When Does a Romance Series Jump the Shark?

“Jump the shark” is one of my favorite phrases in TVlandia. It’s an often used phrase which owes it’s origins to the television show Happy Days. If you’re too young to remember, Happy Days was one of the most successful sitcoms on television during the 70’s and ran for ten years. And on one fateful night, September 20, 1977, it jumped the shark – literally.

In a three-part episode, hoping to boost ratings, the bright executives and writers in charge, had their beloved character Fonzie, played by Henry Winkler, water ski with a bathing suit and his trademark leather jacket on , and yes, he jumps over a shark. It has become a defining moment in television history that now crosses over into pop culture. It is now used to describe what can happen when something that has been of long and sustained quality begins to spiral into the abyss of ‘been there done that’ or into the ridiculousness of ‘I can’t believe they did that’, where viewers no longer have any interest.

There are many beloved romance novel series out there. The first that comes to mind is J.D. Robb’s In Death series – with over 25 books. Then of course there’s Julia Quinn’s Bridgerton Series, Brenda Jackon’s Madaris Family Series, Victoria Alexander’s Effington Series, Wbseries Media Jo Beverley’s Malloren Family Series, Stephanie Laurens Cynster Series, Mary Balogh Slightly Series, Rochelle Alers Hideaway Legacy Series, Catherine Coulter FBI series – and the list goes on. Personally, I’m a series kind-o-gal. You all know I love revisiting characters, places and continuing story arcs, so when some one says series, I’m pretty much there. But, what happens when a series jumps the shark? It’s a hard question for me to answer.

I’ve recently read two different books from two different series from two of my favorite authors with mixed and surprising results.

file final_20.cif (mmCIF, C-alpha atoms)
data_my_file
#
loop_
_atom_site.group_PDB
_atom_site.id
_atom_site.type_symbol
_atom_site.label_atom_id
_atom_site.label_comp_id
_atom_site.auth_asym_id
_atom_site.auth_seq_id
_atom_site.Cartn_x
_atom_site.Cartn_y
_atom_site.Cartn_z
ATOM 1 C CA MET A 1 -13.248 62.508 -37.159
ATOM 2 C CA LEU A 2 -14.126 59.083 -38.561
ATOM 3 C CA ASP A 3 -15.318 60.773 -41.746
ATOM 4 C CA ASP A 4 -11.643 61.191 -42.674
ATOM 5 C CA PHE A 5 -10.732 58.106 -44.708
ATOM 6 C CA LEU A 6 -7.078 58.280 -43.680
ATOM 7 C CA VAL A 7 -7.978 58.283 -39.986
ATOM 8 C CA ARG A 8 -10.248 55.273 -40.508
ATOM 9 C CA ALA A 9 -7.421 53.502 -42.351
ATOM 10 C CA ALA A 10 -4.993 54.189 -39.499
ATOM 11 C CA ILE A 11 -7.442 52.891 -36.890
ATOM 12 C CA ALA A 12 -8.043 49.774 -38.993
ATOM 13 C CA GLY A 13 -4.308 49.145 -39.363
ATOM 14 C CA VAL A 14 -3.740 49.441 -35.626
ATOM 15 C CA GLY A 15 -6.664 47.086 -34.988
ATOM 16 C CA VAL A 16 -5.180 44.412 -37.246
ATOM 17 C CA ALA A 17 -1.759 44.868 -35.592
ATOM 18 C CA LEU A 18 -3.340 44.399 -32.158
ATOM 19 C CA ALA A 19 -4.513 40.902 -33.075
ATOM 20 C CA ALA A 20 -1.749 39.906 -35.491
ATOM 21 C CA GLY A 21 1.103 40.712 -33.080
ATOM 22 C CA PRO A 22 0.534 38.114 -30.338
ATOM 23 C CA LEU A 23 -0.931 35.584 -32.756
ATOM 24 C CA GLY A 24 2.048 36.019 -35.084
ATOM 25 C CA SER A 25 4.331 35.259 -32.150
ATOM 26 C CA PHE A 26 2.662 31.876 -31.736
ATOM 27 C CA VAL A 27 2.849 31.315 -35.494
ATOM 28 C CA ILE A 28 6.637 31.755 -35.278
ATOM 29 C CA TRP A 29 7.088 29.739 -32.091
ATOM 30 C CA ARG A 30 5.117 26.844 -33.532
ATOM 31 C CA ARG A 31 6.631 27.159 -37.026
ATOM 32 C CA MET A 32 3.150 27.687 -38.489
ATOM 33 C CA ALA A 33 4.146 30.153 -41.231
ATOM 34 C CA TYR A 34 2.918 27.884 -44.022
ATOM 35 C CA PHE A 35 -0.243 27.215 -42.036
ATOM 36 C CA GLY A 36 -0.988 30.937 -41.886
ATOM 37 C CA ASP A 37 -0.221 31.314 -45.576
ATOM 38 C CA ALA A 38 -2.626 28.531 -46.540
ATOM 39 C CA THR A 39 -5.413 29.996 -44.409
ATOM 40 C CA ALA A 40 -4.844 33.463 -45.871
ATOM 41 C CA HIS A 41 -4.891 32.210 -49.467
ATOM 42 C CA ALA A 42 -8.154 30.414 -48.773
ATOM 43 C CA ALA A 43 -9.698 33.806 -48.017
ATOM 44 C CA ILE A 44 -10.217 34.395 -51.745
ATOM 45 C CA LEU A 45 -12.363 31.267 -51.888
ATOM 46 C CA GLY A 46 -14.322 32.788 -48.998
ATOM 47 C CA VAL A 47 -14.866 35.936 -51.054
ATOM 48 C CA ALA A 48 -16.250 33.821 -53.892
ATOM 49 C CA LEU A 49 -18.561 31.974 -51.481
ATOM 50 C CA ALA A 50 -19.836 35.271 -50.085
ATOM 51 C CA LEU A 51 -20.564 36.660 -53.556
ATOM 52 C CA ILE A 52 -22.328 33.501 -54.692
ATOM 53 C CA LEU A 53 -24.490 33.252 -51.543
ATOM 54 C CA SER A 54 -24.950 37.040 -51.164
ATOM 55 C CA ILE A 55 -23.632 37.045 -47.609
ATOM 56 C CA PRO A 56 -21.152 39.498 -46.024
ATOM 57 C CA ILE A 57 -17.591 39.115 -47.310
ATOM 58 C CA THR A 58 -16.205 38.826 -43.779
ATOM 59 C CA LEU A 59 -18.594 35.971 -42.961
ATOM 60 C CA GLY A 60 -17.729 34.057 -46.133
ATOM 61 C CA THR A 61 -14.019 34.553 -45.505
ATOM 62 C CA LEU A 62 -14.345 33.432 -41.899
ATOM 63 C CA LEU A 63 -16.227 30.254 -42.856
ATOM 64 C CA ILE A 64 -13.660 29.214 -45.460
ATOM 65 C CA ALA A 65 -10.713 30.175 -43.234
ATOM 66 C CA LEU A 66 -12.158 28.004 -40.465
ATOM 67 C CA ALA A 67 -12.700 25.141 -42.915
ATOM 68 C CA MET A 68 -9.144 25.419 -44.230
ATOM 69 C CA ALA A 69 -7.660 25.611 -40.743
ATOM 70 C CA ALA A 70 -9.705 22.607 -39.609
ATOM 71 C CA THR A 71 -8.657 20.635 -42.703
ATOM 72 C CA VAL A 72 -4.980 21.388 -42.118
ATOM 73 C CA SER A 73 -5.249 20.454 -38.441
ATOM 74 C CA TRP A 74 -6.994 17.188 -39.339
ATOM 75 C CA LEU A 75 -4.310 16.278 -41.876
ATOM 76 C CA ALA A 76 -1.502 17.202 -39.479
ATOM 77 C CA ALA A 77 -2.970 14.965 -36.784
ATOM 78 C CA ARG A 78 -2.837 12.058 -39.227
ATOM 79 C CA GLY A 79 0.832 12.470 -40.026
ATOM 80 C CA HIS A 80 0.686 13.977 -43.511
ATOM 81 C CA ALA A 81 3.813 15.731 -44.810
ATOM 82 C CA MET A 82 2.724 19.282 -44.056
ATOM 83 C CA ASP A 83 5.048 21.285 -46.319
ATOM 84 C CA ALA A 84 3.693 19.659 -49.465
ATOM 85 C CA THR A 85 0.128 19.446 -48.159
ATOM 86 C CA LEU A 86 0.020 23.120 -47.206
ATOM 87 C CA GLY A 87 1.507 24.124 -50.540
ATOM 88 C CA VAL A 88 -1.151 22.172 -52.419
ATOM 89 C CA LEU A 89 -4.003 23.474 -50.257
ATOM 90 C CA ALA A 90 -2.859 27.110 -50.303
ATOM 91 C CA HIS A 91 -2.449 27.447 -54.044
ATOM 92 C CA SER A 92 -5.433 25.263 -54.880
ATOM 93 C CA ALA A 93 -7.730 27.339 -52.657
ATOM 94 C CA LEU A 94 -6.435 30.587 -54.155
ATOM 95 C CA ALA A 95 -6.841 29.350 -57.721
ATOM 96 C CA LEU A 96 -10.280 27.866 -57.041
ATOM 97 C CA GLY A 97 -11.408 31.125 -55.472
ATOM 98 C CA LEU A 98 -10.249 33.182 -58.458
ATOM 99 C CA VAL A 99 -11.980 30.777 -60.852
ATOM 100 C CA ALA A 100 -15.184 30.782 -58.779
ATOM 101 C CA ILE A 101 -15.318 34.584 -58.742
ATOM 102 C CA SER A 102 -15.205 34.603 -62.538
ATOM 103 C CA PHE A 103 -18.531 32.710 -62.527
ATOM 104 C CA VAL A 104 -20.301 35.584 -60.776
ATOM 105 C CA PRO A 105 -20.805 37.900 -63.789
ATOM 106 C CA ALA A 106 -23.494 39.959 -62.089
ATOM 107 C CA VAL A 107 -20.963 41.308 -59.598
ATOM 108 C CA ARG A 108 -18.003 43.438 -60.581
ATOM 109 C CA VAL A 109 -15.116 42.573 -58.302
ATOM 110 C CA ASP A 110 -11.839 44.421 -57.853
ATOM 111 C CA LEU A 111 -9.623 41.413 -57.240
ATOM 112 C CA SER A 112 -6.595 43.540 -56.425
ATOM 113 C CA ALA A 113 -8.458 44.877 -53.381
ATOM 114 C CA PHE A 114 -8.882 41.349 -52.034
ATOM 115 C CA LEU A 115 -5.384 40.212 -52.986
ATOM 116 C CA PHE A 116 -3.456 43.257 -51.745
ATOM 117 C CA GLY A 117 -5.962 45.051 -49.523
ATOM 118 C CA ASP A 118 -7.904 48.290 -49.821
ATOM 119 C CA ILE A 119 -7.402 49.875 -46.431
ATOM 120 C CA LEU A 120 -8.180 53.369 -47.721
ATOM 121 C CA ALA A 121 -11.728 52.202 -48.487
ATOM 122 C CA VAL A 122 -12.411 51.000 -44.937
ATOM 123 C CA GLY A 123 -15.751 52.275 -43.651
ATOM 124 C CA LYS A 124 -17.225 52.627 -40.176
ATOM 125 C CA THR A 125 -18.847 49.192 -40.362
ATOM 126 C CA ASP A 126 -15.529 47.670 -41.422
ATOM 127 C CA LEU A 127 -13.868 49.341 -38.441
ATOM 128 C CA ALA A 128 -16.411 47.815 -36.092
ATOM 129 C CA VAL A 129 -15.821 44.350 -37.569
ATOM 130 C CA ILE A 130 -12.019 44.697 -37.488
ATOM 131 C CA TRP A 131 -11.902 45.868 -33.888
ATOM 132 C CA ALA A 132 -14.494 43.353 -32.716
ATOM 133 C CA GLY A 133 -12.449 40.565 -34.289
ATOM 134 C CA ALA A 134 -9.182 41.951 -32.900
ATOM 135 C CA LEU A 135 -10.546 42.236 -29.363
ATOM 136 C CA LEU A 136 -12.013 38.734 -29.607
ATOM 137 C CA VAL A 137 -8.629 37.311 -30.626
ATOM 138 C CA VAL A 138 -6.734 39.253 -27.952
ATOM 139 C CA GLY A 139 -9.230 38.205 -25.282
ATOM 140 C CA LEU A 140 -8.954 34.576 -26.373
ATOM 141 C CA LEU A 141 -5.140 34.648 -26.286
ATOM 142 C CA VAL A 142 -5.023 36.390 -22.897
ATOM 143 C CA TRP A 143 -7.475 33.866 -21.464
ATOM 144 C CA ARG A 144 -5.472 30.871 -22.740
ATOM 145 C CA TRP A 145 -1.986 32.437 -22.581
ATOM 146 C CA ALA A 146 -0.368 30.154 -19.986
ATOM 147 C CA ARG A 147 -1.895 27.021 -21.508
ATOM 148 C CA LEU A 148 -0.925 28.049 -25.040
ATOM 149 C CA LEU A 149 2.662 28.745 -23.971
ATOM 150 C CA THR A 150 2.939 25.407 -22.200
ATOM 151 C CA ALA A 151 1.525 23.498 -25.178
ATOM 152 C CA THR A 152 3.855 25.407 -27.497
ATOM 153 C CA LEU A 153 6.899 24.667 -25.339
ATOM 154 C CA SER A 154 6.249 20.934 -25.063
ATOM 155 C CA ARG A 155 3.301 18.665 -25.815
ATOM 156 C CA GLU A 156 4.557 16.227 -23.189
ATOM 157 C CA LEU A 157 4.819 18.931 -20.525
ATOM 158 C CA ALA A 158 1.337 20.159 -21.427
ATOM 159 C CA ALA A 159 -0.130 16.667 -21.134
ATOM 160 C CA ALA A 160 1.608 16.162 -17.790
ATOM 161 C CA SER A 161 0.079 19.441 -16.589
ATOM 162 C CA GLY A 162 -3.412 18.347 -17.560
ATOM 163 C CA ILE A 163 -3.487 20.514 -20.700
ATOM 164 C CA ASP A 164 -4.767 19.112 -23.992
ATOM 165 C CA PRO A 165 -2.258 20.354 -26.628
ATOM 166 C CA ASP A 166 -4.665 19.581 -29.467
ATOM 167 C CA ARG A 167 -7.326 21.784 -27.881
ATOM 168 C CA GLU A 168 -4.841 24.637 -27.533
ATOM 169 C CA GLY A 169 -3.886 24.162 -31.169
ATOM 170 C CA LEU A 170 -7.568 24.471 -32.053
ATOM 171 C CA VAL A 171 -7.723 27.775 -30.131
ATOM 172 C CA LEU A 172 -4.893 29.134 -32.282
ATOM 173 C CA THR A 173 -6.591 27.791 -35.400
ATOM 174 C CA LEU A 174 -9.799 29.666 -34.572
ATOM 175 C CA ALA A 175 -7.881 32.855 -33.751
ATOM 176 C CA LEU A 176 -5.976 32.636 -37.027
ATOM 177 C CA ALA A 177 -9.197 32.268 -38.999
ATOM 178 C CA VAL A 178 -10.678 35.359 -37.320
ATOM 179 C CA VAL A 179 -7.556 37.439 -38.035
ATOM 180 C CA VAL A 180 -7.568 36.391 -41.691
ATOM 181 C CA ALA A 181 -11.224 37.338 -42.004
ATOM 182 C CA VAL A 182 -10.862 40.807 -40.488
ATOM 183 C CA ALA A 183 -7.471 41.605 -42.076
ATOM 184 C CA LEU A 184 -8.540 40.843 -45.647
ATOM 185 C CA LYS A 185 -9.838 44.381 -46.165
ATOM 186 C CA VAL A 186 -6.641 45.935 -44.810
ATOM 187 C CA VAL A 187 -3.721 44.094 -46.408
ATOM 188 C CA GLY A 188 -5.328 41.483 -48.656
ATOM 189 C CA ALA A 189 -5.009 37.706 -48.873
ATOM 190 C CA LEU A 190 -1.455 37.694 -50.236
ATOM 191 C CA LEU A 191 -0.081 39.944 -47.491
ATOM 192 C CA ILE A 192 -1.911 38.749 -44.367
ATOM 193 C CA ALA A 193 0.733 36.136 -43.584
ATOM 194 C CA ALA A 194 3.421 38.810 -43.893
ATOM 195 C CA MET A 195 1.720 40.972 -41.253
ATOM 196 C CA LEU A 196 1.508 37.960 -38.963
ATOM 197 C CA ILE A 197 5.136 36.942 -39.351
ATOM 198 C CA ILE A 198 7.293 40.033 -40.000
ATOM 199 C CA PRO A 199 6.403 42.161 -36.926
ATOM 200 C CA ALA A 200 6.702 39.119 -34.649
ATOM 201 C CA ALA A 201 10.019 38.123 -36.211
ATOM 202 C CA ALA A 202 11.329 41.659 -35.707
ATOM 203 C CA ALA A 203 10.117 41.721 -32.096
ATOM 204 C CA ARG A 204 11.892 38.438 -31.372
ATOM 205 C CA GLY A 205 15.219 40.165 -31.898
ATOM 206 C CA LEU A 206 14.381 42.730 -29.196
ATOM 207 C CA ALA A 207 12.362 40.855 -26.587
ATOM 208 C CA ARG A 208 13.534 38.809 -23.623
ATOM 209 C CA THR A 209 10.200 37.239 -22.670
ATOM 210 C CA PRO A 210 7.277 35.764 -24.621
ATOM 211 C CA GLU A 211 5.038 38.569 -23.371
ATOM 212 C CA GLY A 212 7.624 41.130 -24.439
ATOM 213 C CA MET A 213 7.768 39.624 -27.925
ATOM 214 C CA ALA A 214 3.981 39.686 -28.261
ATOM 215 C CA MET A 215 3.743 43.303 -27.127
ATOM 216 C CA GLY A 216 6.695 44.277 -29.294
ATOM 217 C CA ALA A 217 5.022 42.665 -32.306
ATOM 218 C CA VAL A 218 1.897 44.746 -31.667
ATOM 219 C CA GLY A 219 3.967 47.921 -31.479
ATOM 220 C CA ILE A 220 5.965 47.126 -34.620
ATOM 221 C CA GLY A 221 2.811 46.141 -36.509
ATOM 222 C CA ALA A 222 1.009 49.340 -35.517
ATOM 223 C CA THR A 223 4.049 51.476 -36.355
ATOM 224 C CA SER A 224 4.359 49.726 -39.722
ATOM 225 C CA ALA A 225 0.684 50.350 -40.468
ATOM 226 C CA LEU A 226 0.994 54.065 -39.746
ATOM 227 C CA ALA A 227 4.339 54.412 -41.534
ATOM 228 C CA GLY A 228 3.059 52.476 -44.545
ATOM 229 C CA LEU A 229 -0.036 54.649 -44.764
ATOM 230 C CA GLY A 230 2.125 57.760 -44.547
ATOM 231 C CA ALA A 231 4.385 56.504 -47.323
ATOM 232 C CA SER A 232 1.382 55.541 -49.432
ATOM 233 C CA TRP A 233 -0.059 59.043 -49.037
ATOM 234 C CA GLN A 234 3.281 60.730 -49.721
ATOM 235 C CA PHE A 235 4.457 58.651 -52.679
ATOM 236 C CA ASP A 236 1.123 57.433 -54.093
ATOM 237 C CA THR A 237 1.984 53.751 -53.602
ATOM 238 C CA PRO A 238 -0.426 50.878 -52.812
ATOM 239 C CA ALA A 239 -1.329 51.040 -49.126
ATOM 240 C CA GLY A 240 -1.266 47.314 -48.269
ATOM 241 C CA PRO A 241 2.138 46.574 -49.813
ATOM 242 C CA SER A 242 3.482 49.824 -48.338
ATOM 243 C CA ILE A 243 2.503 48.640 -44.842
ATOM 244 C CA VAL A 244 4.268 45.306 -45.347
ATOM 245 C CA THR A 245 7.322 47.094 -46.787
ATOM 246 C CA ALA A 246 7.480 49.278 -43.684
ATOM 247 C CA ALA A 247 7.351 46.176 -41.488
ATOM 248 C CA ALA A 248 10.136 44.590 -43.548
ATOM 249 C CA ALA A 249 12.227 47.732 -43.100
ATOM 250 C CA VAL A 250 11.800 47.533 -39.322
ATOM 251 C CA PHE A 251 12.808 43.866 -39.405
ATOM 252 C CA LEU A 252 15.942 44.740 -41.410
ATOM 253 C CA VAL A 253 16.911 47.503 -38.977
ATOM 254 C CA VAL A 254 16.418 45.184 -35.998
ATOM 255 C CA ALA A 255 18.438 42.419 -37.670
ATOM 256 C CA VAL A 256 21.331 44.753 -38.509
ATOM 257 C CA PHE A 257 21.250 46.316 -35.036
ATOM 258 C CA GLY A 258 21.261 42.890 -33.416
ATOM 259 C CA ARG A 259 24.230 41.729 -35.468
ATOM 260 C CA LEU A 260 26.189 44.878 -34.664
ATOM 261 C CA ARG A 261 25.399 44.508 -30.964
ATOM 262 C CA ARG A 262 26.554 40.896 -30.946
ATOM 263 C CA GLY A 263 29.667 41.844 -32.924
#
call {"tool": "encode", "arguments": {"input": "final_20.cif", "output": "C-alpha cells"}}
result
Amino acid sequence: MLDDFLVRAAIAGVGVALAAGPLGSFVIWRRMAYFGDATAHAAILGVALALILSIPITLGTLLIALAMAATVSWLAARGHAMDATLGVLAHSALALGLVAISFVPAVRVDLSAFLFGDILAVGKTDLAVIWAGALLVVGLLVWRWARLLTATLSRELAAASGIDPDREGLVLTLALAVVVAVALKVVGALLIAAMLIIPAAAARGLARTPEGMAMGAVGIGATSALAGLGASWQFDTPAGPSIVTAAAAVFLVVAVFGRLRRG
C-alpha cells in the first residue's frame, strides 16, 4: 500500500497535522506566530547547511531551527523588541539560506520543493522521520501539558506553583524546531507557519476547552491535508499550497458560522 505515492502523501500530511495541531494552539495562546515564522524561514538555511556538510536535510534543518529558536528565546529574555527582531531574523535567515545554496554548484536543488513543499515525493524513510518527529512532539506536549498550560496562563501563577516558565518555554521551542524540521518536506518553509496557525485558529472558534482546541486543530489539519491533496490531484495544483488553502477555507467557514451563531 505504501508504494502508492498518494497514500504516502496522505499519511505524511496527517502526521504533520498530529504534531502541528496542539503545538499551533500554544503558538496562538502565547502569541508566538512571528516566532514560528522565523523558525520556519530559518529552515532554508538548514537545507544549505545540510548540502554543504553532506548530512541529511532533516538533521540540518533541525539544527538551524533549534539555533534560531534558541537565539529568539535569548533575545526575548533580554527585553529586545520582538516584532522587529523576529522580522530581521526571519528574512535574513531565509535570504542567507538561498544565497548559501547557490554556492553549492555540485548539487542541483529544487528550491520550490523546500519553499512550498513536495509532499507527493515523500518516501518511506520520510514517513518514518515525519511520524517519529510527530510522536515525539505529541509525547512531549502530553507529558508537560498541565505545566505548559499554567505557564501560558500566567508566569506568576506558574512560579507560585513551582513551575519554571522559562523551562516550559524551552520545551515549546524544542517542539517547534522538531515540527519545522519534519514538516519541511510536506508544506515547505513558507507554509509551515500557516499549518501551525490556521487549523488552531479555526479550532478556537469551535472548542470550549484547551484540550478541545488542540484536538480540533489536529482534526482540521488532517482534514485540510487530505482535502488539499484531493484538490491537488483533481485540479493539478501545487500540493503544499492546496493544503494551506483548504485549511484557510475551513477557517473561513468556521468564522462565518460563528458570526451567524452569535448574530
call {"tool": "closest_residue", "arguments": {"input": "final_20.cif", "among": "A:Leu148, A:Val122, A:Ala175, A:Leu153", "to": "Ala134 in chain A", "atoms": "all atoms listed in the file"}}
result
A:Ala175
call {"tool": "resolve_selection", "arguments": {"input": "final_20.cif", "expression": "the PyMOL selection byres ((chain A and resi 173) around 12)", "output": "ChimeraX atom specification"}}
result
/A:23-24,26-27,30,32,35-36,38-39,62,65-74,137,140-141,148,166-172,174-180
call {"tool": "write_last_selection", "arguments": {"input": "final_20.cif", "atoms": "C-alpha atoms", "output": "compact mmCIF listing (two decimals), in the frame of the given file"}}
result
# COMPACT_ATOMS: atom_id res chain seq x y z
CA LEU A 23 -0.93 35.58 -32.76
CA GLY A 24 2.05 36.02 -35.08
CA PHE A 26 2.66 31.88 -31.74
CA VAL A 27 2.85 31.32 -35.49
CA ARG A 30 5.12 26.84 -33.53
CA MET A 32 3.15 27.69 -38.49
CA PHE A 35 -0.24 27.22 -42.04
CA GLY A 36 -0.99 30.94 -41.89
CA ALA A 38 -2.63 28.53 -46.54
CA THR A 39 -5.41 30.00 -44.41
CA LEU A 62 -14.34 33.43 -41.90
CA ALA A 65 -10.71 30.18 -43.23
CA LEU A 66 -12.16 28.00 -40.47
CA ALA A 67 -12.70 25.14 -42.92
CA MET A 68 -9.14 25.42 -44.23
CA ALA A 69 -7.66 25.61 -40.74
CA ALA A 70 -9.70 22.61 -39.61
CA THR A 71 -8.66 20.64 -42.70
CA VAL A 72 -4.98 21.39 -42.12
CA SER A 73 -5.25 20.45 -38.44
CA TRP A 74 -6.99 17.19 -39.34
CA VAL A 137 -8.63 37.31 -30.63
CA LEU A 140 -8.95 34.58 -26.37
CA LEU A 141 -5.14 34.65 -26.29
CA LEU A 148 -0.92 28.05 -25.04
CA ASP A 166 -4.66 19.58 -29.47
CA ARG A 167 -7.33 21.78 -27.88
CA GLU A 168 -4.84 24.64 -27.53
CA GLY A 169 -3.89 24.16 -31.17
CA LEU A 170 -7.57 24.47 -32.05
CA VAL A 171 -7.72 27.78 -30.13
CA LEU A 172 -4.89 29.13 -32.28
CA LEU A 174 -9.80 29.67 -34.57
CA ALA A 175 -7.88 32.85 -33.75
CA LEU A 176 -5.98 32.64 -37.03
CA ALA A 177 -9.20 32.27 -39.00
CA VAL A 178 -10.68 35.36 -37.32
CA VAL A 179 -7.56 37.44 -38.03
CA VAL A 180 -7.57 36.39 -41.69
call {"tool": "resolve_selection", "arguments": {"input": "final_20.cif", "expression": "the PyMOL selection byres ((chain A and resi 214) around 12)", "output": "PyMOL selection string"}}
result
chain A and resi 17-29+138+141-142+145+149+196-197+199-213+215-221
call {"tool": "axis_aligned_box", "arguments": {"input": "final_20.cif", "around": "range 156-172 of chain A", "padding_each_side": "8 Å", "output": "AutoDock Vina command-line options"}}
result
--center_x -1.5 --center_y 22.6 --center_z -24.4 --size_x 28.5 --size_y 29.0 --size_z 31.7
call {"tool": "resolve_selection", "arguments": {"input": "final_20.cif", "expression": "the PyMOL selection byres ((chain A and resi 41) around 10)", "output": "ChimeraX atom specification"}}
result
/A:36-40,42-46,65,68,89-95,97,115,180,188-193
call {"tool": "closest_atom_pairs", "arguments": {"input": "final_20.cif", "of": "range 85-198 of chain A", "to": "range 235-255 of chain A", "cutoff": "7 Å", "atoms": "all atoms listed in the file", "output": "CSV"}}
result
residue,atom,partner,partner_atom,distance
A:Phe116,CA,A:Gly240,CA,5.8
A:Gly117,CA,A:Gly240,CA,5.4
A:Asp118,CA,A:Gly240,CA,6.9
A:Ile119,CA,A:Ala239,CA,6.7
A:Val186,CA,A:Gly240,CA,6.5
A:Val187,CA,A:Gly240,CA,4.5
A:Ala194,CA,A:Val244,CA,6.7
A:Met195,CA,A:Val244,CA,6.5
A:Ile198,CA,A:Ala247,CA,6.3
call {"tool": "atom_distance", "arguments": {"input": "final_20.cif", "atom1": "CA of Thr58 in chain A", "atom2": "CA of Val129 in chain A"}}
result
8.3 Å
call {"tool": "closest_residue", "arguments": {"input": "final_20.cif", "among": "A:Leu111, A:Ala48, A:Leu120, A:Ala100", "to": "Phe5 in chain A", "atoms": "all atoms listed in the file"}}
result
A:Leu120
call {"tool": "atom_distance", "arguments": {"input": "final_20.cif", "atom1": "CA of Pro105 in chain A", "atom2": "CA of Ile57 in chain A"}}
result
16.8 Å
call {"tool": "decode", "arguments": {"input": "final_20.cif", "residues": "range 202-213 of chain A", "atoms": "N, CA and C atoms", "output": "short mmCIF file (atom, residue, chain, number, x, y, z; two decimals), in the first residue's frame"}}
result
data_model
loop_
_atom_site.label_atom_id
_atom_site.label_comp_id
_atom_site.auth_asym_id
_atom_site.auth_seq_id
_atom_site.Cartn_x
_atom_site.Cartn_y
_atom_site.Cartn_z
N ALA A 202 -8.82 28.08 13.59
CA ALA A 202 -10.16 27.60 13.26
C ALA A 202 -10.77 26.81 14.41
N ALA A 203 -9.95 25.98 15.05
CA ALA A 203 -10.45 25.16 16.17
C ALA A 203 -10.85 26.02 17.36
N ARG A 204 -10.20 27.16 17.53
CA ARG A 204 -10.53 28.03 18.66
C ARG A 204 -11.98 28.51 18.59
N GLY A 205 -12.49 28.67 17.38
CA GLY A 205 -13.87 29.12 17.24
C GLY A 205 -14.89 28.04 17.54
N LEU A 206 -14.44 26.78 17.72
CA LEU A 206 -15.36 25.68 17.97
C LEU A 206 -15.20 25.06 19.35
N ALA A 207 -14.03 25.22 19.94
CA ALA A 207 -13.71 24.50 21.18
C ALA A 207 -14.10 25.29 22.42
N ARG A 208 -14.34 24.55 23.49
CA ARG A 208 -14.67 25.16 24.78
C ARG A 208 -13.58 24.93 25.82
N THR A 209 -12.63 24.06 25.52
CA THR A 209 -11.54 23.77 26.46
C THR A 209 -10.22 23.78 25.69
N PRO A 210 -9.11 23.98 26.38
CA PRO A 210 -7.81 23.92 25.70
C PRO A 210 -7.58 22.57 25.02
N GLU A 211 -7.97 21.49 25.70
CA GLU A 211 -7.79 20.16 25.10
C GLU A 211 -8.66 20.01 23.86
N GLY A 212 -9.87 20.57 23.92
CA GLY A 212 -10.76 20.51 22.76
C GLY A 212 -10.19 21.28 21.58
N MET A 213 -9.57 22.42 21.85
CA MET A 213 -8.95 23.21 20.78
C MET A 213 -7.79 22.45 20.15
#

The first book I read was Dark Curse by Christine Feehan, which releases September 2, 2008 and is the 19th book in the Dark Series. Now, see, this is a series that I thought had definitely jumped the shark, oh, around book 15 – but I kept buying and reading. I still wanted me some dark, uber alpha Carpathian male to beat his chest and say ‘you are woman I am man and you belong to me’. I also really enjoy the way Ms. Feehan writes and the world building was quite fascinating to me.

I think her mythology is unique and original- the first book in the series, Dark Prince, debuting in 1999. Her heroines have always intrigued me, running the gamut from head strong, willful and dominant to unsure and questioning; but always intelligent and eventually fearless. However each book continued to re-hash the same mythology and pathos of the world and the characters, until finally after book 17, I said NO MORE, and totally skipped reading book 18, Dark Possession. So, when my ARC of Dark Curse arrived I was like an addict alone in the room with a fix and a war going on in my head – don’t do it, but I can’t stop myself, but you said no more, I know but just one more time… until finally the addict in me won out. And I’m glad she did.

I was surprised and delighted by Dark Curse and it sparked renewed interest in the series. In this latest addition to the series, Ms. Feehan expounds on the world and characters she has lovingly created and goes beyond the pathos to some real answers for the characters. This book has real depth to it, going beyond the ground work she has laid down in previous books to get to the crux of the matter – why the Carpathian race is dying out.

In addition to the very romantic and compelling story line between the hero and heroine Lara Calladine and Nicolas De La Cruz, we also get to visit with many other characters from other books and even some from the novellas, Vikirnoff and Natalya, Gregori and Savannah, Francesca, Mikhail and Raven, Shea and Jacques to name a few. They don’t just have a walk on, mention what fine weather they’re having or drop off a bunt cake.

They have substantial roles to play and bring cohesiveness to the story and believability to the universal story line. The intrigue and mystery to some of the long standing questions readers may have had begins to be illuminated and I say bravo and about time. As a reader, Dark Curse finally made me feel as if I was reaching for something that was attainable.


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